Research Shows Yields Vary Widely Among Federally-Insured 529 Plan Options

Share Article published an update of FDIC-insured products in the 529 marketplace for 2018. The report, first published in 2017, compares the yields of federally-insured investment options offered by 529 college savings plans.

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Federally-insured investments are a smart choice for conservative investors saving for college, a leading independent college savings resource and authority on 529 plans, published an updated study on federally-insured products available through 529 plans. The 2018 study reviewed 25 plans offering a product insured by the Federal Insurance Deposit Insurance Corporation (FDIC), and one plan offering a product insured by the National Credit Union Share Insurance Fund (NCUSIF).

The study found that yield on FDIC-insurance products varied widely, and increased from 2017, ranging from 0.03% to 2.05% for savings accounts to 0.25% to 2.15% for CDs, depending on the duration. Total annual asset-based fees for plans offering an FDIC-insured product remained the same and ranged from 0.00% to 0.67%.

At the time of the study, College Savings Bank, a Division of NexBank SSB, offered the highest APY net of fees on 1-, 2-, and 3-year maturity CD products available through the Arizona Family College Savings Program – Bank Plan (AFCSP – Bank Plan) and the College Choice CD 529 Savings Plan.

Among savings accounts, highest yields were offered by portfolios available through Utah’s my529, South Carolina’s Future Scholar 529 College Savings Plan (advisor- and direct-sold), the AFCSP – Bank Plan, Indiana’s College Choice CD 529 Savings Plan and North Carolina’s National College Savings Program.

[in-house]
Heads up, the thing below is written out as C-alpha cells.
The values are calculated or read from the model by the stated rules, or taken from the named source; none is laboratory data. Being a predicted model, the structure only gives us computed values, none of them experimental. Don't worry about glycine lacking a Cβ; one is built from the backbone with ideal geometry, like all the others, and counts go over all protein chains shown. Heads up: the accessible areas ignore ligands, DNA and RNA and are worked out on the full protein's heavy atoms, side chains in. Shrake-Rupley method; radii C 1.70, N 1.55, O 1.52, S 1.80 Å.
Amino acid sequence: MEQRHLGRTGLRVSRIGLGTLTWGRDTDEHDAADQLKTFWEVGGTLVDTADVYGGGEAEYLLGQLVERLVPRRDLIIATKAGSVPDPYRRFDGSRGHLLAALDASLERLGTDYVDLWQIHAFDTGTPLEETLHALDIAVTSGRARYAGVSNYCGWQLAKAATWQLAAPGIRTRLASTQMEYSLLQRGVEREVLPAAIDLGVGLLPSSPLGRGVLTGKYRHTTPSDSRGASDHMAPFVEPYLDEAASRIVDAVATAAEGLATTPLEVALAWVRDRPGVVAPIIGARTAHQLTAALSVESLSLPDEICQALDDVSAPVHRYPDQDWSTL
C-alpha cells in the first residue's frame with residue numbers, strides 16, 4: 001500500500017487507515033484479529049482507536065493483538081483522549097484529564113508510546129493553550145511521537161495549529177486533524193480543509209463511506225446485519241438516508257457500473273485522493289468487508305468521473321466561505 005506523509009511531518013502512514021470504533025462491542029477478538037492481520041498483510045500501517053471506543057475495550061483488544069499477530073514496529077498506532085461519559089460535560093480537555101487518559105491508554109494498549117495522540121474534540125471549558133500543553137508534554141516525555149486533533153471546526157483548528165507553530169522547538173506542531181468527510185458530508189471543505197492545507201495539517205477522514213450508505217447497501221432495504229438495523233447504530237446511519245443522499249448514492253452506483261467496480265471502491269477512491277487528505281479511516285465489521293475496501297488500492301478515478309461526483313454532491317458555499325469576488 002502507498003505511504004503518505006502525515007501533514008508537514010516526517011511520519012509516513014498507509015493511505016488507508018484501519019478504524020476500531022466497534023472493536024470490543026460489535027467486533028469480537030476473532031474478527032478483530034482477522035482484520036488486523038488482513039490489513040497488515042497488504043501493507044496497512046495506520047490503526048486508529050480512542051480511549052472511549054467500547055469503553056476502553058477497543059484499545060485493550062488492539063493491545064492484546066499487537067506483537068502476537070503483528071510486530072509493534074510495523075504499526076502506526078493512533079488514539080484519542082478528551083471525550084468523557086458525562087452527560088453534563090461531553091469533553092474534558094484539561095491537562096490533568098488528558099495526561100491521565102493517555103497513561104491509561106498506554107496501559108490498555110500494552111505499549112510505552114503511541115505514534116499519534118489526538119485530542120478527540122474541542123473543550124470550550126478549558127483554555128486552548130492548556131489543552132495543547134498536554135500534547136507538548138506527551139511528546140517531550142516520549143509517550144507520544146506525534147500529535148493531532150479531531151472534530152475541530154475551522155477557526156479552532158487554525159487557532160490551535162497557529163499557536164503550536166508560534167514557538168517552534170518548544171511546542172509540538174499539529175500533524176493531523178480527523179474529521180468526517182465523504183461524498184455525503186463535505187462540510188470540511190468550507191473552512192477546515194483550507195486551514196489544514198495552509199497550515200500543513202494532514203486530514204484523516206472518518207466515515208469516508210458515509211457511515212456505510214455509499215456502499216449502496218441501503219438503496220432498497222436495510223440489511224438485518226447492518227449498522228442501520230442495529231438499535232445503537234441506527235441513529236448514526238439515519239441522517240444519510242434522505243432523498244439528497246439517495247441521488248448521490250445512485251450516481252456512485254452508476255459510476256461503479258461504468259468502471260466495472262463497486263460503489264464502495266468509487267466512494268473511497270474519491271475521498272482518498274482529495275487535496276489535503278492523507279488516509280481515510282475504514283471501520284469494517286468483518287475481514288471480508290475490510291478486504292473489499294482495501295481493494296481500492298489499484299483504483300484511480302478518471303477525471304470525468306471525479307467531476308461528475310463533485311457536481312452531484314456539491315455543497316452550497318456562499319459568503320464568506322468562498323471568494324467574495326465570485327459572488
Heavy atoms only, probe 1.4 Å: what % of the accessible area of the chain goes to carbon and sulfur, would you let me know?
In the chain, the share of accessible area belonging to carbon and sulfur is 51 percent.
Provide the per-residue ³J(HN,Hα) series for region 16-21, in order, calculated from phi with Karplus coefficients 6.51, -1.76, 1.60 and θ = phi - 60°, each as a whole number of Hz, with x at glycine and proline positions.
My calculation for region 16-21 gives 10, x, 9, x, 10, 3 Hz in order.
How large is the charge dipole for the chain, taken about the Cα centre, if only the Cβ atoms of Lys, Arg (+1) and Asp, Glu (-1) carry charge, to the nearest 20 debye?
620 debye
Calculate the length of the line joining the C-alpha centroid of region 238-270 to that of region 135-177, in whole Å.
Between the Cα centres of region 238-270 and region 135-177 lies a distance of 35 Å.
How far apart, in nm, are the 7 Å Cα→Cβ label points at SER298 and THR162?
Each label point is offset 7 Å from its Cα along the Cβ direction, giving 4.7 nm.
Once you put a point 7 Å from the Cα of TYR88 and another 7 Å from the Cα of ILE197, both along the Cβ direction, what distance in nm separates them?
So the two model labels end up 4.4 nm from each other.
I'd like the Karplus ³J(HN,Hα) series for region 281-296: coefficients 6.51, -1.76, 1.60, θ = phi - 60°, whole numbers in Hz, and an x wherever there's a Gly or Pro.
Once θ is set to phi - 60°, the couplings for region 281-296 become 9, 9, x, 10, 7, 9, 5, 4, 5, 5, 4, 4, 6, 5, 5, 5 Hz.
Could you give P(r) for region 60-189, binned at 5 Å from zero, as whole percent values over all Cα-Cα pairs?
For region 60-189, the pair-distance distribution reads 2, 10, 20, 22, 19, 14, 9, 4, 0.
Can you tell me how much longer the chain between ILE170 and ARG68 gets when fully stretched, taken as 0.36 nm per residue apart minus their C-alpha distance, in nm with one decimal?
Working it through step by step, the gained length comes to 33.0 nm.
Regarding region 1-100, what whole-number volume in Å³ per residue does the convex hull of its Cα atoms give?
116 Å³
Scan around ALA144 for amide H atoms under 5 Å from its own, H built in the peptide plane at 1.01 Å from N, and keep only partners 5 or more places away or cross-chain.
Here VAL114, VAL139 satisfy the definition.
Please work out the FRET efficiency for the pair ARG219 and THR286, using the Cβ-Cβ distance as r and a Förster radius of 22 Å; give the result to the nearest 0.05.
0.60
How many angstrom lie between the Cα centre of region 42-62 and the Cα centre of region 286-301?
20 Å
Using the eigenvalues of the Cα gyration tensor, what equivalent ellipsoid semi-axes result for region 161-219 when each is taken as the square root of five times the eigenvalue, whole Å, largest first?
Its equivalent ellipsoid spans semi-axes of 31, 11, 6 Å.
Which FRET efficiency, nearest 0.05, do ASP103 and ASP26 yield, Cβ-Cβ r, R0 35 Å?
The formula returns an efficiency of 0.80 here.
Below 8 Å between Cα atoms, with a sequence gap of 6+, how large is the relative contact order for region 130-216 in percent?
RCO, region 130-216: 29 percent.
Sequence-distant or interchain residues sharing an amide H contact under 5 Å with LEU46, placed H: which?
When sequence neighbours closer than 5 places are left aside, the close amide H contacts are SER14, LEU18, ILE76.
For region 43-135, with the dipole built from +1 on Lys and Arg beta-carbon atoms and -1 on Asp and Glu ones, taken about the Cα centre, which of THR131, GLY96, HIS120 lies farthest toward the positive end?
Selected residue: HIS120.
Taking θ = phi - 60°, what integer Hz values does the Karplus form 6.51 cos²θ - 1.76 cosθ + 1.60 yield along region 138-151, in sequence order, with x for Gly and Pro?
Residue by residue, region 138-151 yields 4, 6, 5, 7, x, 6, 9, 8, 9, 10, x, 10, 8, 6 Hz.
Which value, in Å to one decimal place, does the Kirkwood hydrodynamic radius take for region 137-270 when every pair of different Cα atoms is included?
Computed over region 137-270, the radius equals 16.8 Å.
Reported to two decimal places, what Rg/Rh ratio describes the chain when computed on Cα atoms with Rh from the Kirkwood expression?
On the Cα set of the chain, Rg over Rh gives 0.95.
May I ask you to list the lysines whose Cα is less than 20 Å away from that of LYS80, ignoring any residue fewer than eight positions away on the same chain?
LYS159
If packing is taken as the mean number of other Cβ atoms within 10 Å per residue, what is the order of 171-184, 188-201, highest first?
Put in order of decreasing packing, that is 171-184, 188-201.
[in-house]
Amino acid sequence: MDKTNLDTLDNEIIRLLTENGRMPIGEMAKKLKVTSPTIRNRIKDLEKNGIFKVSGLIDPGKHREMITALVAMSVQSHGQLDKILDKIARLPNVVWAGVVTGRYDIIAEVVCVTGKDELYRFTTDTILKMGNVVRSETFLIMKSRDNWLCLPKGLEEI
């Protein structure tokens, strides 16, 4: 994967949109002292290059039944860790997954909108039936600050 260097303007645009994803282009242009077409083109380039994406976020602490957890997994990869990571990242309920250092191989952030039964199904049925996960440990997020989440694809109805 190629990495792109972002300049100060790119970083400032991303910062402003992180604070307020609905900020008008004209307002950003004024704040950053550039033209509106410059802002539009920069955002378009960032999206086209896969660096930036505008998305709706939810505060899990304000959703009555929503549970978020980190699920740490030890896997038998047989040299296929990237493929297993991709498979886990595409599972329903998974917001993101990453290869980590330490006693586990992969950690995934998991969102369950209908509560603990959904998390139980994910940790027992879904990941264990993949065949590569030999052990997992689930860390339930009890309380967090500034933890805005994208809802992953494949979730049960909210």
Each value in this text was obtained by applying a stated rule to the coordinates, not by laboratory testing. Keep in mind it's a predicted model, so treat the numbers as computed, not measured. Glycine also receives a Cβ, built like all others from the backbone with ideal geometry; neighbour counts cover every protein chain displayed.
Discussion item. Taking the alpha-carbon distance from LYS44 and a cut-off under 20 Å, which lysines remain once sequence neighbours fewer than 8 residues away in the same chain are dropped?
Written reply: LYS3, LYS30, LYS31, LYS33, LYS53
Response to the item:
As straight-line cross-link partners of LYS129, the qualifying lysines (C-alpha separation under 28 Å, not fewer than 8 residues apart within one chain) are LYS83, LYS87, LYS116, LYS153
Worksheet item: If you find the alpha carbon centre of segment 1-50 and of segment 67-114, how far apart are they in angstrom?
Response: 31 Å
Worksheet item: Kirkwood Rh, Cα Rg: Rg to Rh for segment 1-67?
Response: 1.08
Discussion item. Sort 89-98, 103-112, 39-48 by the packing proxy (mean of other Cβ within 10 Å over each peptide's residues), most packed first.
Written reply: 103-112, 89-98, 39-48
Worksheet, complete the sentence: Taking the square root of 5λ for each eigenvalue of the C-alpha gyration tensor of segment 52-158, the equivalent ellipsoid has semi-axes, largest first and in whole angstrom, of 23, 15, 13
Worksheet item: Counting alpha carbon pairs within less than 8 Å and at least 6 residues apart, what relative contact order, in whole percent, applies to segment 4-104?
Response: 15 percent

“Federally-insured investments are a smart choice for conservative investors saving for college,” said Martha Kortiak-Mert,’s chief growth officer. “In 2018, families have more options for CDs and savings accounts with higher yields, which is a positive trend.”

FDIC-insured and NCUA-insured investments are backed by the full faith and credit of the U.S. government up to certain limits in the event of a bank failure. Currently, there are 25 college savings plans that offer an FDIC-insured investment option, which include savings accounts and bank certificates of deposits (CDs), and one plan offering a NCUA-insured savings account option. These products allow families to take advantage of the tax benefits and flexibility offered by 529 plans, without risking their principal investment.

This study was sponsored by CollegeSavings Bank, a division of Nexbank SSB. To download the complete report, visit

About has been the leading independent authority on 529 college savings plans since 1999. The site compiles and analyzes data, and creates content and tools to provide parents, financial professionals and state policymakers with resources to help them understand how to meet the challenge of ever-increasing higher education costs.

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Kathryn Flynn
Saving For College LLC
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